INDIVIDUALS DON’T WIN; TEAMS DO
Recently everyone at my company read The Google Way by Bernard Girard as one of the picks for our company book club. It proved to be an interesting read for my entire organization. I have since been intrigued by Google’s unique practices, so yesterday’s article in Inc. about team building caught my eye.
Google was faced with a puzzle: just like many of us they focused on hiring, developing, and evaluating individuals, overlooking the dynamics of the team as a whole and maximizing the way they work together. Google’s People Operations department studied and interviewed their sales and engineering organizations to come up with five dynamics that distinguish effective teams at Google. You can find the full article including the five dynamics here.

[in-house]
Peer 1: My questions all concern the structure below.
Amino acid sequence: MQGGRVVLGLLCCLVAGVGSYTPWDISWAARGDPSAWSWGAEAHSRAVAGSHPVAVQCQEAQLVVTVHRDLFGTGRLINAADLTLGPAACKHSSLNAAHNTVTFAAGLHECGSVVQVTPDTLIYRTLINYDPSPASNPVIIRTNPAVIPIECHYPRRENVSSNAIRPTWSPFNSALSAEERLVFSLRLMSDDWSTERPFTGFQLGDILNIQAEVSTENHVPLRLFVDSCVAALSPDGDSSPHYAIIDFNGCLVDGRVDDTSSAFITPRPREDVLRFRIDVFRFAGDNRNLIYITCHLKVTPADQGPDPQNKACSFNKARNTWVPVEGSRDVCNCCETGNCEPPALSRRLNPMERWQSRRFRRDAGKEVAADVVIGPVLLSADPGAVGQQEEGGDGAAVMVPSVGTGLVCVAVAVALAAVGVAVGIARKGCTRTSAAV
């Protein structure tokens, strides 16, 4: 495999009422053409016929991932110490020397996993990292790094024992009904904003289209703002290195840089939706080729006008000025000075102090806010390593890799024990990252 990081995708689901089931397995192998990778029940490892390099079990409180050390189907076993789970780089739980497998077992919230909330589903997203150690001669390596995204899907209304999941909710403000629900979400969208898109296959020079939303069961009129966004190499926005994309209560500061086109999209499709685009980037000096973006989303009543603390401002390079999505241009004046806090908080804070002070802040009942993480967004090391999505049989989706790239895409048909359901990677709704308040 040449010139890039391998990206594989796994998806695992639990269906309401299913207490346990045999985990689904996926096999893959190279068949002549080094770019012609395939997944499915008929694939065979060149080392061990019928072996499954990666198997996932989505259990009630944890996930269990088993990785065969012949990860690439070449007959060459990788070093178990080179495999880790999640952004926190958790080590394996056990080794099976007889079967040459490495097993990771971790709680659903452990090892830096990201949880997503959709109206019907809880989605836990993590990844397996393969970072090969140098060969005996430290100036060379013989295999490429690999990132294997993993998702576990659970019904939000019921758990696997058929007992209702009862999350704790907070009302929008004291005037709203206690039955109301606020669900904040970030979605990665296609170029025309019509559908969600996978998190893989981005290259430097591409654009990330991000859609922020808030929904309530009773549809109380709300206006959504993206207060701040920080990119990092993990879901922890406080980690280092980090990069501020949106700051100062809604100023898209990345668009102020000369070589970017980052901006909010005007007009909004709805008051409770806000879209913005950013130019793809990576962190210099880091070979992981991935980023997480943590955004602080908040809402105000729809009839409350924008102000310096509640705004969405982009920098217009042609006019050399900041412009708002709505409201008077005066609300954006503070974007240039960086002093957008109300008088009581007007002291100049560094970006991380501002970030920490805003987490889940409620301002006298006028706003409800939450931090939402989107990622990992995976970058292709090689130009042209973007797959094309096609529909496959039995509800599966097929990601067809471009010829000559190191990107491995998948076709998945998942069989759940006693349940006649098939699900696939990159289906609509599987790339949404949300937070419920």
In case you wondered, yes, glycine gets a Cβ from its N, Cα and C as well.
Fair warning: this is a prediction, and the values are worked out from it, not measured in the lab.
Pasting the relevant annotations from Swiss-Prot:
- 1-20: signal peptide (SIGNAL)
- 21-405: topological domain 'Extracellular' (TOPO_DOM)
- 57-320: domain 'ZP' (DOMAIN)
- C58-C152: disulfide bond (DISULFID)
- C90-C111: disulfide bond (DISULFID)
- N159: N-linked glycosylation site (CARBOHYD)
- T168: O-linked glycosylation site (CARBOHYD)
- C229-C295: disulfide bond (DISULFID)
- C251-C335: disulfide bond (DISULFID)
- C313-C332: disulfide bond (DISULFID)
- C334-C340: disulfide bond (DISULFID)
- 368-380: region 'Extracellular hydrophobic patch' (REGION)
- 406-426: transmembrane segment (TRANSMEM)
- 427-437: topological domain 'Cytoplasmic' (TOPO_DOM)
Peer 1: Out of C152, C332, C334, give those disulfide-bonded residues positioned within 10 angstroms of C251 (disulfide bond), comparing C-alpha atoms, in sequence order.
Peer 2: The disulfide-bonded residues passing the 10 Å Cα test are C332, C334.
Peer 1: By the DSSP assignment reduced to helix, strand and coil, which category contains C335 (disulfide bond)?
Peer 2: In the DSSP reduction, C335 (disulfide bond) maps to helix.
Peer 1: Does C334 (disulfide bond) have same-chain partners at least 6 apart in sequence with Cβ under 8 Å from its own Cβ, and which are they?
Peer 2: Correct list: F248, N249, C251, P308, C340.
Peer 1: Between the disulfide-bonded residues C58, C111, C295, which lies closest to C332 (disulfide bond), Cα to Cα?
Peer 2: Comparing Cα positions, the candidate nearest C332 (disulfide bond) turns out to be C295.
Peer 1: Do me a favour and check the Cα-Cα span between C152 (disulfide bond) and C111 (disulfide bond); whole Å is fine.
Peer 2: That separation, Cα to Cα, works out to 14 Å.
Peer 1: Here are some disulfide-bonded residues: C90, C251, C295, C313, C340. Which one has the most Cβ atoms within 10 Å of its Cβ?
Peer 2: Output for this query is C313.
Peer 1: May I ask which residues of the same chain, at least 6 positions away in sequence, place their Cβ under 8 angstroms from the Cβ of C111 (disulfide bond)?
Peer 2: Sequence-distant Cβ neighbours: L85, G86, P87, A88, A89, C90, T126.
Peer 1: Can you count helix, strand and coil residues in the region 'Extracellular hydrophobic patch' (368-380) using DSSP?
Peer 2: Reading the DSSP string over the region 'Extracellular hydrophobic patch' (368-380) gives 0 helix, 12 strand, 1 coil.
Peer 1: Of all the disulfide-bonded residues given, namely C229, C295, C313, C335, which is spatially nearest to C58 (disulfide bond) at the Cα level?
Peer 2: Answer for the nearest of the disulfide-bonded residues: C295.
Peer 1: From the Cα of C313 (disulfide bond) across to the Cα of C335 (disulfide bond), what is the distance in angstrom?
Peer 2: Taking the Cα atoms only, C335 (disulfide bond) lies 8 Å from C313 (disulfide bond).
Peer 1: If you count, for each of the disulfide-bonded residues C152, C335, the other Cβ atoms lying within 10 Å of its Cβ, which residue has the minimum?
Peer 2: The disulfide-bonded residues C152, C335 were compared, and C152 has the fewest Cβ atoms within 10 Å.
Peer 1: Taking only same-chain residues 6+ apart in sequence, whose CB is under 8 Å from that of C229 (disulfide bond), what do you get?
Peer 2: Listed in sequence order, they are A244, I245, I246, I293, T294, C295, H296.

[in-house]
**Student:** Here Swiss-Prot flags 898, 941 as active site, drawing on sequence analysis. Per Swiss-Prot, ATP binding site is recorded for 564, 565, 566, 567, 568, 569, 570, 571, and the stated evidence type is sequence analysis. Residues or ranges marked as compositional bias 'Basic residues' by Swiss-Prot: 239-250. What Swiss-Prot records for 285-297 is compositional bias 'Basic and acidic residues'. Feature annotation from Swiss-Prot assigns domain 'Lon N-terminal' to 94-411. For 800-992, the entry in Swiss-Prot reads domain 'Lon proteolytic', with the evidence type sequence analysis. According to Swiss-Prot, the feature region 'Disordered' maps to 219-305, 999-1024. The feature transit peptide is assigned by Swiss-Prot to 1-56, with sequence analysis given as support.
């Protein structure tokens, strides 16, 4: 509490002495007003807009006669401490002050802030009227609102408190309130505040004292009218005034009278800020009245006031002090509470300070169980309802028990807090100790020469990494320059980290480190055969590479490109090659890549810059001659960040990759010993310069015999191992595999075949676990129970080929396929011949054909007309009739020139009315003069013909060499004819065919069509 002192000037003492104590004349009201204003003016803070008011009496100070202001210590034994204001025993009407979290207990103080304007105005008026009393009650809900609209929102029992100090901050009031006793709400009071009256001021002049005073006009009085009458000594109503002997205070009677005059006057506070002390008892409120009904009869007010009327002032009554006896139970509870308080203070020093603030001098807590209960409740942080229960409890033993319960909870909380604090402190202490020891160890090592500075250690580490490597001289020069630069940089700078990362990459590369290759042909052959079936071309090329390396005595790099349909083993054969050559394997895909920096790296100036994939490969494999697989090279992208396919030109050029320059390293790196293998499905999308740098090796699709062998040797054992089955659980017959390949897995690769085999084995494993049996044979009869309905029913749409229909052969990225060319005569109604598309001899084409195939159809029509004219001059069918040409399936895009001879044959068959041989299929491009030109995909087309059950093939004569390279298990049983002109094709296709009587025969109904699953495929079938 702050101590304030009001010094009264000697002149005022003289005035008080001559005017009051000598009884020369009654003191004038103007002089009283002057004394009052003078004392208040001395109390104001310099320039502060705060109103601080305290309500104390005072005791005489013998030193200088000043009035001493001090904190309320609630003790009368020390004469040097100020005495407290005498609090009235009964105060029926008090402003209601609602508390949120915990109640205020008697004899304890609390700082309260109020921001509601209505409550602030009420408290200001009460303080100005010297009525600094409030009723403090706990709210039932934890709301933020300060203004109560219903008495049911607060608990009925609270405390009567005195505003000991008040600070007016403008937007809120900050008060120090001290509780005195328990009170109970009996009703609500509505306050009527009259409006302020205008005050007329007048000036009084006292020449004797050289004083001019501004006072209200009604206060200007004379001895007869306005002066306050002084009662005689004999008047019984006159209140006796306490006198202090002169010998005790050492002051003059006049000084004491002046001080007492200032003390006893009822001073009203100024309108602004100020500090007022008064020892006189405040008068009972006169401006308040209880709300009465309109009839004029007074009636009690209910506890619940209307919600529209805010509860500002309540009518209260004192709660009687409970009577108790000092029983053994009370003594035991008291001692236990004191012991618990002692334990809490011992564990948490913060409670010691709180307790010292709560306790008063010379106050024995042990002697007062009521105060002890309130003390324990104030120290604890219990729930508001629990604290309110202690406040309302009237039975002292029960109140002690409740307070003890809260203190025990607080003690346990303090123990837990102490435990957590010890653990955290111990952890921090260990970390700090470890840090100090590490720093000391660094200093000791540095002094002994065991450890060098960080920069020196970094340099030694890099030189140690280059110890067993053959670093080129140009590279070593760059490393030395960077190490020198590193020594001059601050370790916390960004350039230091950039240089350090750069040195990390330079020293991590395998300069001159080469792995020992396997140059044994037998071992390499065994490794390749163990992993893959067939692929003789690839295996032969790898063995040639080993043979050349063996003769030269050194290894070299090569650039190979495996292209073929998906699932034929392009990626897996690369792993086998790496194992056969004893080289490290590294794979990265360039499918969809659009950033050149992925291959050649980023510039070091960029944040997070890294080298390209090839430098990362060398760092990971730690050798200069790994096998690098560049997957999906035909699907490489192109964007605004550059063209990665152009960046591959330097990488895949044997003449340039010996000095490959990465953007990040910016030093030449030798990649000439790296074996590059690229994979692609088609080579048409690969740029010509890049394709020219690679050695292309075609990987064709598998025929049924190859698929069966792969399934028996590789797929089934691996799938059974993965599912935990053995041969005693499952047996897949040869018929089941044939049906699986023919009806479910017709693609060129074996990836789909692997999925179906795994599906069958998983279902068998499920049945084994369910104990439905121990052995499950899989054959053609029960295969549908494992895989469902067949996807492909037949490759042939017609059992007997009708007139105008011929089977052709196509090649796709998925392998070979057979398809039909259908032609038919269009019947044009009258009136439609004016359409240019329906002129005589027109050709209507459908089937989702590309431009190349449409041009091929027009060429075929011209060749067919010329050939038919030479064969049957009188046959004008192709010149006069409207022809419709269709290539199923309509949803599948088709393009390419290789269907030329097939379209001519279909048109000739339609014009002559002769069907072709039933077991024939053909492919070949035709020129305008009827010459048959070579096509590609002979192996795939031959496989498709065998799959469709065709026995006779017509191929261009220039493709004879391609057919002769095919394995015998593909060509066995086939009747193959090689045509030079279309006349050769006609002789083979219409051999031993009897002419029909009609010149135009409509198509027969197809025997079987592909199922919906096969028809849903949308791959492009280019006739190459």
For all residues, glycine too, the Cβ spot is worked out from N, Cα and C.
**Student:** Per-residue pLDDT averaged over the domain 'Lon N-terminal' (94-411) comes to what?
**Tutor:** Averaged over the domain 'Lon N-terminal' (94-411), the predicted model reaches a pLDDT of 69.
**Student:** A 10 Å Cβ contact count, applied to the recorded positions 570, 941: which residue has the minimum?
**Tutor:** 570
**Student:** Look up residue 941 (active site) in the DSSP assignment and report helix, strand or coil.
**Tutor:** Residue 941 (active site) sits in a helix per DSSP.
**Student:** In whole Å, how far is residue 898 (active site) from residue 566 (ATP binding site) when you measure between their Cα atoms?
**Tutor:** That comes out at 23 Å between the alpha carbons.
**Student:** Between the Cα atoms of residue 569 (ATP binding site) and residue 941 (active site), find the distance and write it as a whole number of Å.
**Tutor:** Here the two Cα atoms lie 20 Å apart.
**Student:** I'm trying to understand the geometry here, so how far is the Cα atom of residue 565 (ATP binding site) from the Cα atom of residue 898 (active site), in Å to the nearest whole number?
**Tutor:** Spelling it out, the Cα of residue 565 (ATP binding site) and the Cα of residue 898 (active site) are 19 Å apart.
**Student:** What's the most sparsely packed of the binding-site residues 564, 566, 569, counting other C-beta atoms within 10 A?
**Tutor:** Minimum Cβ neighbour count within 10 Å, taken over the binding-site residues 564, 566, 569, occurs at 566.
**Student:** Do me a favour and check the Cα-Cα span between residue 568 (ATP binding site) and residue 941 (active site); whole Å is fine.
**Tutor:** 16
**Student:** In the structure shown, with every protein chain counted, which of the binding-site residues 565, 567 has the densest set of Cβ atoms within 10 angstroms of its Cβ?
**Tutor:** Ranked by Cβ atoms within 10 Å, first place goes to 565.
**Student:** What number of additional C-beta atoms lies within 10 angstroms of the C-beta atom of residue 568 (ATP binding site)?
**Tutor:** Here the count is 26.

I have long believed that teams are central to transformation and achievement. Never underestimate the value of a team experience, even after the team is disbanded. It reminded me of a conversation I had with my friend Hugh Gouldthorpe, co-author of I’ve Always Looked Up To Giraffes
“Ain’t none of us as good as all of us.” Hugh provided me with an example of this adage. He told me that sometimes, when he visits his company’s distribution centers, he gives everyone a sheet of paper with a heading that reads, “The ABCs of Teamwork,” with 25 C’s going down the left side of the page. He asks each person to come up with as many characteristics of good teamwork as possible that start with the letter C. The most any one person usually gets in three to five minutes is 15 to 17 words. In a group of 30 people, he divides them into six teams and asks them to come up with as many words as possible. In three to five minutes, the list of 17 becomes 30. Next he combines the group into three teams of 10 each, and finally into one team of 30. During the process, the list increases to more than 200 words. Hugh’s point is that no one can think of everything and come up with all the answers.
Individuals don’t win; teams do.